The Pentagon on Monday asked media organizations not to publish any classified war files released by the WikiLeaks Web site, as the U.S. braces for the potential disclosure of hundreds of thousands of secret Iraq war documents.
In July, WikiLeaks obtained and released nearly 77,000 classified military reports from Afghanistan. Now, the Pentagon says the group has as many as 400,000 documents from a military database on operations in Iraq.
WikiLeaks editor-in-chief Julian Assange on Monday downplayed expectations that a leak was imminent. In a Twitter post, Assange said information were coming from "a single tabloid blog" that had put out a "tremendous amount" of false information about his site.
Still, the military says its 120-person task force has been on high alert. The group has been reviewing the documents for weeks to determine what information might be compromised.
Marine Corps Col. Dave Lapan, a Pentagon spokesman, told reporters that the military isn't sure if WikiLeaks has shared the Iraq war logs with any news organizations. But, he said, media should not disseminate the "stolen" information even if it's already posted online by WikiLeaks.
"The concern is that WikiLeaks as an organization should not be made more credible by having credible news organizations facilitate what they're doing," Lapan said.
WikiLeaks was largely unknown until this spring, when it released a gritty war video of Army helicopters gunning down a group of men — including two unarmed Reuters photographers — in Iraq.
The group in July gained international notoriety when it coordinated its release of the 77,000 Afghan war logs with The New York Times, The Guardian in London and the German magazine Der Spiegel.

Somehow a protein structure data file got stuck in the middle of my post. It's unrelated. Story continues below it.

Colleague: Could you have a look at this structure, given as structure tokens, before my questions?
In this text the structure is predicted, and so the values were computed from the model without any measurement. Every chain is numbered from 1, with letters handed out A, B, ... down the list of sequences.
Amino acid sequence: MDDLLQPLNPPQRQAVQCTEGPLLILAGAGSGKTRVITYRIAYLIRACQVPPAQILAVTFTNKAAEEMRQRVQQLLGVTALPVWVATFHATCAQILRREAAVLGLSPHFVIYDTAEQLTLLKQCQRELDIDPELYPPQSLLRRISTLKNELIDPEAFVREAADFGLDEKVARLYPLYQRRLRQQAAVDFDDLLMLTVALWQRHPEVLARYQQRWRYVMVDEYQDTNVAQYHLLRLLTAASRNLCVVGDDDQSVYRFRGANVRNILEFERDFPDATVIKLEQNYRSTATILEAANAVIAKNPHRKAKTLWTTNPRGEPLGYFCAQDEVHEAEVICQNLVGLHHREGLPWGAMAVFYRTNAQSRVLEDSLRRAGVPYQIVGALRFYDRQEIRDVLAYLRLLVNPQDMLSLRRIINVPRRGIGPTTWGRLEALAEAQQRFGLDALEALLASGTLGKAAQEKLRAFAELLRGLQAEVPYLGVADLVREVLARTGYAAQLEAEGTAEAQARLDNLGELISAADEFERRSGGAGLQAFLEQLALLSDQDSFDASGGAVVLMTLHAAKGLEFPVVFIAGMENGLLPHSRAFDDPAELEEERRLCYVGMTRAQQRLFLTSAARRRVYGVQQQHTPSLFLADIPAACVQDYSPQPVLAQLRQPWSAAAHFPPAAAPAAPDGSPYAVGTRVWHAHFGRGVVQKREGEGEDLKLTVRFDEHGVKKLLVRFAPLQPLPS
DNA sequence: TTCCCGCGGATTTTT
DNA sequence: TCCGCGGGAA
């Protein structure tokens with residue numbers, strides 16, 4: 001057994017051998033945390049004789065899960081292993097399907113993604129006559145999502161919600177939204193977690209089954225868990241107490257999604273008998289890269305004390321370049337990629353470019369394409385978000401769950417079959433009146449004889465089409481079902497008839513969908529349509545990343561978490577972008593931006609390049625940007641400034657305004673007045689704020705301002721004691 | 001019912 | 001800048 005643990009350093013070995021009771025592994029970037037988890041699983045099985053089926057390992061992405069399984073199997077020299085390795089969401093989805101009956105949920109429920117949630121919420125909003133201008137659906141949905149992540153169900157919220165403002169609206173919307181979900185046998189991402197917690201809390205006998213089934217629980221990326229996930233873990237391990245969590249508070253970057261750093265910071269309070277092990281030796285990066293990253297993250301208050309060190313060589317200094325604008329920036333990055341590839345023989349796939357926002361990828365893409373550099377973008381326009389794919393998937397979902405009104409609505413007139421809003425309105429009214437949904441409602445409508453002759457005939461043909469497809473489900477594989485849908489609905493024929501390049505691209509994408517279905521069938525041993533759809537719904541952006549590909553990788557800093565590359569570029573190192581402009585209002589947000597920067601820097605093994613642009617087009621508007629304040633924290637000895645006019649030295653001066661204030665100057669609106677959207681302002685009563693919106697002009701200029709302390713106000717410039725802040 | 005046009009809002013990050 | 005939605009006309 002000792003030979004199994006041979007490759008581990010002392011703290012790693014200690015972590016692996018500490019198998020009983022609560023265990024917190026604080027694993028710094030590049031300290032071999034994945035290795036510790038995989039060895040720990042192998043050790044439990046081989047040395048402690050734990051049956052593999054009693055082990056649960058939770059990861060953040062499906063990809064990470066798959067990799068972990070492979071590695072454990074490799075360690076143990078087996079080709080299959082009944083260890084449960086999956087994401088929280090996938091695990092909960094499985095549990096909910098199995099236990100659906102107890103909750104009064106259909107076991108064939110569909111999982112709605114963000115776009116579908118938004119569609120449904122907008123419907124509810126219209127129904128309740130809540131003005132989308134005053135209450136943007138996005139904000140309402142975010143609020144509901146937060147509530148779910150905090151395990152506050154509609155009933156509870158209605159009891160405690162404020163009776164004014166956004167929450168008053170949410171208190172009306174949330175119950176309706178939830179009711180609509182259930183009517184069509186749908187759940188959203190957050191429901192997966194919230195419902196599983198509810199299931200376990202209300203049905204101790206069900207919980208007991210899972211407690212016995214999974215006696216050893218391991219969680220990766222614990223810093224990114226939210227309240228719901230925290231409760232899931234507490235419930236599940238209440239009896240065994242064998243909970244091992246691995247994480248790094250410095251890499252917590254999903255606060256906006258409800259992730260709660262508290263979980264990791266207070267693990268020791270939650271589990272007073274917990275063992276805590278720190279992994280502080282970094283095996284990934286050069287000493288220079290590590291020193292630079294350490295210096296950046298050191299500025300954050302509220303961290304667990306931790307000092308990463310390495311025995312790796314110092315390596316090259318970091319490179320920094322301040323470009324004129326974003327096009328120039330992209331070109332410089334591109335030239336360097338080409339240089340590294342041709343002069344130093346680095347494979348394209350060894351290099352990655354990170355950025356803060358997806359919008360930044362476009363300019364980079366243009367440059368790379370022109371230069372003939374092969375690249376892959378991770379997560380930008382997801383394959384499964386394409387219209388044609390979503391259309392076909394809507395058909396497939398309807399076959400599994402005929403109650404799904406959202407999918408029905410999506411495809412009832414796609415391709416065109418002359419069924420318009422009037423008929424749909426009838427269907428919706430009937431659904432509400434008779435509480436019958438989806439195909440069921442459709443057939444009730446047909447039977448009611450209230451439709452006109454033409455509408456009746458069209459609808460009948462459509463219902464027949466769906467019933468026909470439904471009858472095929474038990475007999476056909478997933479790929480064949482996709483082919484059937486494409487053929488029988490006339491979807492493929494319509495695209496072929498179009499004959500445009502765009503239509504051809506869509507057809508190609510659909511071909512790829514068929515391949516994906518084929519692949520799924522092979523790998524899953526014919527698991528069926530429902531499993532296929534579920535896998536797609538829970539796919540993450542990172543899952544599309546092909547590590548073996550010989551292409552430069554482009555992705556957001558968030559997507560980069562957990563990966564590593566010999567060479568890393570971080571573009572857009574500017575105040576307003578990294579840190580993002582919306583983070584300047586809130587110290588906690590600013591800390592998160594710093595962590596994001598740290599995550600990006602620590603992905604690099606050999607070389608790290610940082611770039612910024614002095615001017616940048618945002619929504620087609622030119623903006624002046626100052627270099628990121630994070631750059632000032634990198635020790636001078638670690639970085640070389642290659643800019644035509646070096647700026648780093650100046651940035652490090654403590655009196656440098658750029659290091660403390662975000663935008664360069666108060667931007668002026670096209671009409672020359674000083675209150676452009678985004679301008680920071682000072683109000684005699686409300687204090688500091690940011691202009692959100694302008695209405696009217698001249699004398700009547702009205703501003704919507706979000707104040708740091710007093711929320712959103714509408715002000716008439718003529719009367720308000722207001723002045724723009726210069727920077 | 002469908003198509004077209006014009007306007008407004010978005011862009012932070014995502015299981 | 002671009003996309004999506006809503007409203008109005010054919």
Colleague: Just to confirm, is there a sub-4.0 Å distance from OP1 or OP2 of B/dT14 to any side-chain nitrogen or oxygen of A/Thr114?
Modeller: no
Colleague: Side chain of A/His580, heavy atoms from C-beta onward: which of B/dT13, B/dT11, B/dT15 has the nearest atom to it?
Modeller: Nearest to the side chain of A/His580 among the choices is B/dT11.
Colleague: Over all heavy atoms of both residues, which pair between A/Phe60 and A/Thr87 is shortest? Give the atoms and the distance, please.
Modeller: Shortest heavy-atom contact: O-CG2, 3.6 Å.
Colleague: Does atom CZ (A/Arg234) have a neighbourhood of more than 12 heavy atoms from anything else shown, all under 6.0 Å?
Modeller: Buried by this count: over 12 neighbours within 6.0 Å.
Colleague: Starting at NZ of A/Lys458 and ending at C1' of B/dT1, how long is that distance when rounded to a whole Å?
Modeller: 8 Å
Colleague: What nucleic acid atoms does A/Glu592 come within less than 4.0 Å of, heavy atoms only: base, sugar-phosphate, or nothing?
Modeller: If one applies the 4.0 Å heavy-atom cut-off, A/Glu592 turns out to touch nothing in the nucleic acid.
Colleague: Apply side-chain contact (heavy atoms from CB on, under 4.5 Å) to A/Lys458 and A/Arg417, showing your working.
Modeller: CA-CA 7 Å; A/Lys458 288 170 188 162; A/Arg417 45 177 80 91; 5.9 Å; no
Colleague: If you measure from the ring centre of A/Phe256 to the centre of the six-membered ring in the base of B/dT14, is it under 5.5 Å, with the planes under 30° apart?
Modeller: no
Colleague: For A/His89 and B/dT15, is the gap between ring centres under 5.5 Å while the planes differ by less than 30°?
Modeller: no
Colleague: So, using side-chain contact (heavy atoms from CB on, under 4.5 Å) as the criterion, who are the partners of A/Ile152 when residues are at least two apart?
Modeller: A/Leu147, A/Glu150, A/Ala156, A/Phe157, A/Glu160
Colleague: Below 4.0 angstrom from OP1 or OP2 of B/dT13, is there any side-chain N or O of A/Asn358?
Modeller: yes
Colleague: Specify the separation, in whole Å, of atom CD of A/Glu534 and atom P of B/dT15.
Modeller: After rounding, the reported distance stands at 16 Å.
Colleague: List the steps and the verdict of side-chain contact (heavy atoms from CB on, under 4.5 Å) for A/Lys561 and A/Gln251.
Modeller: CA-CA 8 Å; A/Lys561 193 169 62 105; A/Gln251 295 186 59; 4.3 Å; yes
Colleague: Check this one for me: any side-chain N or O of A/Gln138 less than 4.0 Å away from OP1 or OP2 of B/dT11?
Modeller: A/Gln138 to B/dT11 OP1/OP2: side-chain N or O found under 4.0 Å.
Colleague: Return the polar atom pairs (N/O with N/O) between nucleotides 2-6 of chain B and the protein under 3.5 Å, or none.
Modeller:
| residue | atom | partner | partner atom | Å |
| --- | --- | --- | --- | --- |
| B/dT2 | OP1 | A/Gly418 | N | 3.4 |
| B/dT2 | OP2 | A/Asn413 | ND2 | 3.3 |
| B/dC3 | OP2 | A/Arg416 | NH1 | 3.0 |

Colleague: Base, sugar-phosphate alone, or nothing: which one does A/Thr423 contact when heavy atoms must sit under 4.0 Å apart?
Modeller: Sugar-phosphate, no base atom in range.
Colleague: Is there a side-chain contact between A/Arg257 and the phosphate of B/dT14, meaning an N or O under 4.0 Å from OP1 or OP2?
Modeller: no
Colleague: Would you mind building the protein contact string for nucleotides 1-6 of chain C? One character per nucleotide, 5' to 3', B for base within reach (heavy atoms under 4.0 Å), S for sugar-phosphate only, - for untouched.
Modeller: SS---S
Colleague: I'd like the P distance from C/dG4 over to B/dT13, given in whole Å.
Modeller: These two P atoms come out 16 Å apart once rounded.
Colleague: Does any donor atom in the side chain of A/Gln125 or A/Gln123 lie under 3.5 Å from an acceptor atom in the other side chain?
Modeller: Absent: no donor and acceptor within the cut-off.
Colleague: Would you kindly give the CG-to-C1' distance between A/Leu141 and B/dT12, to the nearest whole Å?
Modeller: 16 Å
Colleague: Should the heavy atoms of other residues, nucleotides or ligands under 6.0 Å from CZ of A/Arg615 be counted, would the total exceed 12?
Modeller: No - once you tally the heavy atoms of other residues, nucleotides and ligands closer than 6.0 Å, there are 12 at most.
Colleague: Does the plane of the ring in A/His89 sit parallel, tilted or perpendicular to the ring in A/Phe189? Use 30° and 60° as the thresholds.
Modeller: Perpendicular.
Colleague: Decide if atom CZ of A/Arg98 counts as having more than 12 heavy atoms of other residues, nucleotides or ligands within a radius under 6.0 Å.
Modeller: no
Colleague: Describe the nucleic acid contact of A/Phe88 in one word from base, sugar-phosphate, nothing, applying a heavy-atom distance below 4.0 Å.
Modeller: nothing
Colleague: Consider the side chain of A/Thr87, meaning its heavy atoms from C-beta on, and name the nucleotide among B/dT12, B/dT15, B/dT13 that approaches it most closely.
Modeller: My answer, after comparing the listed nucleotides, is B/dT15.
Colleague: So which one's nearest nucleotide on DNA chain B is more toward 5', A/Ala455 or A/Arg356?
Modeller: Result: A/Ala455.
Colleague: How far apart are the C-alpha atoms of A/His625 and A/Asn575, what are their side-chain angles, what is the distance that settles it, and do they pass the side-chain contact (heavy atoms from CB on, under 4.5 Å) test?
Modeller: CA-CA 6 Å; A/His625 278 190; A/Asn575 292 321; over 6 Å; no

The New York Times says it omitted information from its coverage that would have jeopardized military operations or exposed Afghan informants. The Times also declined to provide a Web link to the WikiLeaks data base.
Der Spiegel and The Guardian said it withheld sensitive information as well, although The Guardian published a selection of the documents that it believed were significant
Secretary of Defense Robert Gates has told Congress that the July leak did not expose the nation's most sensitive intelligence secrets. But, he maintained, the release still put U.S. interests at risk because it exposed the names of some Afghans who had cooperated with U.S. forces.
The military has an ongoing investigation into how the documents were leaked. An Army intelligence analyst stationed in Iraq, Spc. Bradley Manning, has been arrested in connection with the release of other materials to WikiLeaks.
In a separate development Monday, Swedish authorities have rejected Assange's request for residency, a potential setback in his efforts to gain protection from Swedish press freedom laws.
The Australian has sought to establish a base for WikiLeaks in Sweden to take advantage of its laws protecting whistle-blowers. He applied for a residence and work permit on Aug. 18.
Migration Board spokeswoman Gunilla Wikstrom told The Associated Press that Assange's application was rejected Monday. She declined to give the reason, saying it was confidential.
Prosecutors are still investigating rape and sexual molestation allegations against Assange by two Swedish women. Assange has denied the allegations.